On the other hand, a quarter of the people who obtained the nationality of any EU country were: Moroccans, Albanians, Turks and Brazilians.

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Chart #3: Main EU-27 Member States granting the highest number of citizenships, 2018 Source: Eurostat.

Population

Now let's see... how the granting of nationalities behaved according to the population density of the EU member countries. (See Chart #4)

In relation to population, the highest number of citizenship awards was made by Luxembourg (11.4 persons per 1,000), followed by Sweden (6.3) and Cyprus (3.7).

[IMAGE] Chart #4

Chart #4: Acquisition of nationality per 1000 people, 2018 Source Eurostat

Naturalization

One commonly used indicator to measure the effect of national policies on the granting of citizenship to foreign residents is the "naturalization rate" or proportion of the total number of nationalities granted to a country's non-national population.

During 2018, throughout the European Union, 2,1 persons were granted citizenship for every 100 non-nationals. (See Figure #5)

[IMAGEN] Gráfico—5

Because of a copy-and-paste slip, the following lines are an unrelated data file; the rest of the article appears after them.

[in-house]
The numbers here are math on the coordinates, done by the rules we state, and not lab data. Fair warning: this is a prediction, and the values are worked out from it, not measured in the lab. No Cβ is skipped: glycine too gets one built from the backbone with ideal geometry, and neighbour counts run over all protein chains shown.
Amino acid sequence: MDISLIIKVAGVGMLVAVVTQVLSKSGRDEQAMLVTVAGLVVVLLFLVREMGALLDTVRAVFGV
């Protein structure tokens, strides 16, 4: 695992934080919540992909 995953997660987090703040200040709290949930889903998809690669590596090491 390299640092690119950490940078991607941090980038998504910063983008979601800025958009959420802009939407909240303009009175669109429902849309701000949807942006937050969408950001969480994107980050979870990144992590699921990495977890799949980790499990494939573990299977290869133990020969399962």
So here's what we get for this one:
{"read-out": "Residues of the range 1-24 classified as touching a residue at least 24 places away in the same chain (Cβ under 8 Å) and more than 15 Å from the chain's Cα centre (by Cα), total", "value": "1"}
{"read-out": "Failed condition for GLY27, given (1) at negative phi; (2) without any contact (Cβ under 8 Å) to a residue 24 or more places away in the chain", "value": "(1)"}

Chart #5: Naturalization rate (acquisition of nationality by 100 resident foreigners), 2018. Source: Eurostat.

It is important to note that changes over time in countries' naturalization rates can be attributed to changes in the non-national population and in the way the non-national population is measured.

Sweden (7.2) was the country with the highest naturalization rate, followed by Romania (5.6) and Portugal (5.1). By contrast, the lowest naturalisation rate was in Estonia (0.4). Other countries with naturalisation rates below 1.0 were Austria (0.7), Latvia (0.6), Denmark (0.6), Lithuania (0.5) and the Czech Republic (0.4).

However, if we review the EU-27 countries that have granted the most citizenship (Germany, Italy, France, Spain and Sweden), their naturalisation rate was higher than the EU average (2.1). For example, the most prominent cases are Sweden (7.2), France (2.4) and Italy (2.2). But in the opposite direction, the lower percentages, with respect to the European Union average (2.1), were found in Spain (2.0) and Germany (1.2).